Author: David Levene
This book examines the use that Livy made of religious topics, and shows how this fits in with other aspects of his narrative.
The author shows how 'Livy's views of religion' depend less on personal belief than on the refinement of his narrative technique. He looks at the history decade by decade, and demonstrates that there are radical differences between different sections: in some Livy uses large-scale religious themes, but in others he deliberately avoids them. By a systematic analysis of Livy's narrative patterns and comparison with other ancient versions, it is proved that this is not simply due to subject-matter, but reflects a development in Livy's handling of his material. This profound difference between decades throws doubt on much of the standard picture of Livy: it also points to a need to revise notions of 'Augustan religious ideology'.
Augustan Poetry and the Traditions of Ancient Historiography
Editors: David Levene and Nelis
The Augustan age was one in which writers were constantly reworking the Roman past, and which was marked by a profound engagement of poets with the historians and historical techniques which were the main vehicle for the transmission of the image of the past to their day.
In this book seventeen leading scholars from Europe and America examine the fascinating interaction between such apparently diverse genres: how the Augustan poets drew on — or reacted against — the historians’ presentation of the world, and how, conversely, historians picked up and transformed poetic themes for their own ends. With essays on poems
from Horace’s Odes to Ovid’s Metamorphoses, on authors from Virgil to Valerius Maximus, it forms the most important topic so central to such a particulary relevant period of literary history.
Genre and Narrative in Ancient Historical Texts
This volume explores the intersection between historiography and related genres in antiquity. Papers cover the geographical range from China through the near east to the classical period in the Mediterranean. Topics addressed include the place in ancient Chinese historiography of philosophical argument; the nature and kind of historical text in the Hittite, Babylonian, Persian and biblical periods, including (for the first time) a full transliteration and translation of the Old Hittite story of Anum-hirbi and Zalpa, and a new interpretation of the Darius inscription at Behistun; and the relation of rhetorical stratagems and theory to Sallust, Livy, and Tacitus. Contributors also consider the relationship between texts, including the war narratives of Herodotus and Thucydides, and the propriety of different schemes of generic classification.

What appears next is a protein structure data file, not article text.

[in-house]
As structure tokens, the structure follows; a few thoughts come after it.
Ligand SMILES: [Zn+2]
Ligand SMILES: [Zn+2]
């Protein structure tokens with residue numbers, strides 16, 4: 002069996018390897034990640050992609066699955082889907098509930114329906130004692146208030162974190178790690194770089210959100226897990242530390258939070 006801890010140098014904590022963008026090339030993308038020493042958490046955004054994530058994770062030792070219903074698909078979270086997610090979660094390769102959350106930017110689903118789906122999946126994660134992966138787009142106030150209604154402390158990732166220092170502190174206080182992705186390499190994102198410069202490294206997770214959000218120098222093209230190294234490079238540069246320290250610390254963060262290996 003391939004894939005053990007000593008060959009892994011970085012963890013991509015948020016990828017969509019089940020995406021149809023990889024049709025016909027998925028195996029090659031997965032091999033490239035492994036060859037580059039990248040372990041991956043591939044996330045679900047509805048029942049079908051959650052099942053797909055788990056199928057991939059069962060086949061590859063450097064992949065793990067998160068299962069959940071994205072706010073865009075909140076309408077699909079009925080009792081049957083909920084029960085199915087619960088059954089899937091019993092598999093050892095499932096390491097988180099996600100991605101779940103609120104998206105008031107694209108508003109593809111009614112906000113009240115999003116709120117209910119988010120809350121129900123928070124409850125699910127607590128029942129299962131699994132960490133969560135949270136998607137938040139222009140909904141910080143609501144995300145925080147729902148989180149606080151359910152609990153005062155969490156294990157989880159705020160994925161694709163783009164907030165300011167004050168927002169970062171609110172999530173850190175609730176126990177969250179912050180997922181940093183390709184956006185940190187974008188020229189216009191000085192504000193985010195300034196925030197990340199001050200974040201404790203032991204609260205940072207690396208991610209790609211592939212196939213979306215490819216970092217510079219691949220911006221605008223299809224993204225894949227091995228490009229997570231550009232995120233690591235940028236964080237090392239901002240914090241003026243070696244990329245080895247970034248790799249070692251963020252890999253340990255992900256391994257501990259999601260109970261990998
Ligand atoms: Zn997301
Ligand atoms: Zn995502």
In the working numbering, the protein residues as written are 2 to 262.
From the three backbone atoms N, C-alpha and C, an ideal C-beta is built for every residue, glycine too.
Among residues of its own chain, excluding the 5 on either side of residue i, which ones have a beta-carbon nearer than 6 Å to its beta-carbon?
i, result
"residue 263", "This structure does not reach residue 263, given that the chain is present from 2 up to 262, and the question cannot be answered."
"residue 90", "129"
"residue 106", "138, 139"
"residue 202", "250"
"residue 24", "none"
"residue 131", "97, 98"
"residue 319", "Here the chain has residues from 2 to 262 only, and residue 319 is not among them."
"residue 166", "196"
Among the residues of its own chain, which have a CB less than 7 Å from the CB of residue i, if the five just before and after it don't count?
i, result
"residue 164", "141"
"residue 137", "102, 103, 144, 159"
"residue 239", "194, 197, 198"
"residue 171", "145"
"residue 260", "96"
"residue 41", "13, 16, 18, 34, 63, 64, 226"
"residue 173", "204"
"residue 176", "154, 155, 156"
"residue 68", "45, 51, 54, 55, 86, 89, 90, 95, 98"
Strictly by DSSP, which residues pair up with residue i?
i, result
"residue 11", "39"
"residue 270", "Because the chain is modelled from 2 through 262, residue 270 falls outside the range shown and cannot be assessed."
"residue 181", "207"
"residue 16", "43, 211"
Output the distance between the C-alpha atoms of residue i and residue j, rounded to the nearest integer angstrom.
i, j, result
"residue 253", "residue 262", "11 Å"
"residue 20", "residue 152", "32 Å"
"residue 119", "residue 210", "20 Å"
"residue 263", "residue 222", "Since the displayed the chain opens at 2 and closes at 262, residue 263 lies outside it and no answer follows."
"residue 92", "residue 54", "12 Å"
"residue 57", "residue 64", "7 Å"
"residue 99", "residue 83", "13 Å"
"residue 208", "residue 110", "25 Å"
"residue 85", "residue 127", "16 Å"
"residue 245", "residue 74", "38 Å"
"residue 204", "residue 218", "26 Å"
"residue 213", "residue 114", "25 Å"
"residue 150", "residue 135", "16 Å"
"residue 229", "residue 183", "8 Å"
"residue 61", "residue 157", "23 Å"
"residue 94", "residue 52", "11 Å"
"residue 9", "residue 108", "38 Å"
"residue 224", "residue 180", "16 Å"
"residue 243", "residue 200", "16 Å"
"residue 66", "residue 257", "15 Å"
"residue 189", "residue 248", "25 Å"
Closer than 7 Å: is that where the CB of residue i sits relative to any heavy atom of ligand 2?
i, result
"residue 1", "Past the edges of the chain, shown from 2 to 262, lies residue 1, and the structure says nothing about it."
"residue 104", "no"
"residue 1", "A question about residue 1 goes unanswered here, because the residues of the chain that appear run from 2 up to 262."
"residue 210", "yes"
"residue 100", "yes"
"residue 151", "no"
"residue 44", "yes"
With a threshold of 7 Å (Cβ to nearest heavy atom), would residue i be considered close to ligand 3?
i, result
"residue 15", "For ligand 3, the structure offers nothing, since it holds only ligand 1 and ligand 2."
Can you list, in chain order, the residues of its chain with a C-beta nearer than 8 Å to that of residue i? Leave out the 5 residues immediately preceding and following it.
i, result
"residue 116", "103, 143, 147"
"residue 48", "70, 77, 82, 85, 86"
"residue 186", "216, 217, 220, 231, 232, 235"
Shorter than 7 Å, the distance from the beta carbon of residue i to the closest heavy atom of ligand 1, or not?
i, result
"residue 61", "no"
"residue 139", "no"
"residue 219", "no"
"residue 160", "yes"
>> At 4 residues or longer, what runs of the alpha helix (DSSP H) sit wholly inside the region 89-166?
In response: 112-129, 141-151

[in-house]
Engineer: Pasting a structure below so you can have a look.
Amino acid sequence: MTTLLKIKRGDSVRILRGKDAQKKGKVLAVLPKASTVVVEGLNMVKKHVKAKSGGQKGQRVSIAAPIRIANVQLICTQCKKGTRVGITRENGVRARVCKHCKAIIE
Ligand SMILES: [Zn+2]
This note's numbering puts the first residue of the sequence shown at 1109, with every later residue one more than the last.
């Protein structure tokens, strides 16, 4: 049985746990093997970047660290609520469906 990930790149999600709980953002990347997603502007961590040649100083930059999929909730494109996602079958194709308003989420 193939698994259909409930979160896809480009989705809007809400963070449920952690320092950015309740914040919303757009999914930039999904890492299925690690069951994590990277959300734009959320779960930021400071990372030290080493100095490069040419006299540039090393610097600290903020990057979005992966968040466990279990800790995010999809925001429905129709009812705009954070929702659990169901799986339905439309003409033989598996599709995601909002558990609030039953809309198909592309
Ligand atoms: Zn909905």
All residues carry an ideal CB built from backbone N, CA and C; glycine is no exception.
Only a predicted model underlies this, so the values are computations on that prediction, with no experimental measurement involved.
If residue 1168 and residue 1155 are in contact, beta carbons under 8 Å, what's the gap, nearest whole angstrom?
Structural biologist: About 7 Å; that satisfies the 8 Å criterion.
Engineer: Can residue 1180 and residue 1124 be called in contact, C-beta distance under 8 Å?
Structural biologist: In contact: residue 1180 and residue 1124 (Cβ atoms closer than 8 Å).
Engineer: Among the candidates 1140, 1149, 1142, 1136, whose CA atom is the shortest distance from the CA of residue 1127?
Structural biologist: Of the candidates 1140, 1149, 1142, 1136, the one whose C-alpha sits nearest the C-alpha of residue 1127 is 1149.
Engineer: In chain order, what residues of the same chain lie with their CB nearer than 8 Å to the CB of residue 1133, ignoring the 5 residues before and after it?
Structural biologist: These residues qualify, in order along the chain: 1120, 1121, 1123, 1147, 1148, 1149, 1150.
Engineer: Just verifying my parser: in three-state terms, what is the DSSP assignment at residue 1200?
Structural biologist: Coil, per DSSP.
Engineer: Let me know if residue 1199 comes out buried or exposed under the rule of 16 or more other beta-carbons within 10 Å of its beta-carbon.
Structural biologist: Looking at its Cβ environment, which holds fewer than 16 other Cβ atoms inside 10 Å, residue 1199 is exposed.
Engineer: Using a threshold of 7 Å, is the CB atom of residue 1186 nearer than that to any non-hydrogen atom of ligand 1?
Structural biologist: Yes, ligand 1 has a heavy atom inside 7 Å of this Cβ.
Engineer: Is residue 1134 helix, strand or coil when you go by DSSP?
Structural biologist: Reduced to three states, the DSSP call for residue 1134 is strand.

Der Tod der schönen Antike
1862 erscheint Gustave Flauberts Roman Salammbô. Ort und Handlung sind in ferner Vergangenheit angesiedelt. Karthago ist ein blinder Fleck auf der Landkarte der historischen Überlieferung. Gerade deswegen wählt Flaubert diese Stadt.
Nordafrikanische Landschaften, Stadtansichten der Seerepublik Karthago, pompöser Reichtum und kulturelle Artifizialität in Speisen, Sitten und Kleidung, monumentale Schlachten, grausame Bilder des Krieges und der ausschweifenden Gewalt an Mensch und Tier bilden die Szenen des neuen Romans. »Leute von schlechtem Geschmack« sind nach Flaubert solche, die »verschönern, reinigen und sich illusionieren, die verändern, kratzen und wegnehmen« und gleichwohl meinen, sie seien Klassiker. Die Aufsprengung der normativen Antike-Ansicht bedeutet für Flaubert, Klischees und abgenutzte Phrasen aufzubrechen neue Sprachformen zu erfinden. Er eröffnet damit den Blick auf eine archaische Antike und auf das Phänomen der Gewalt in der Moderne.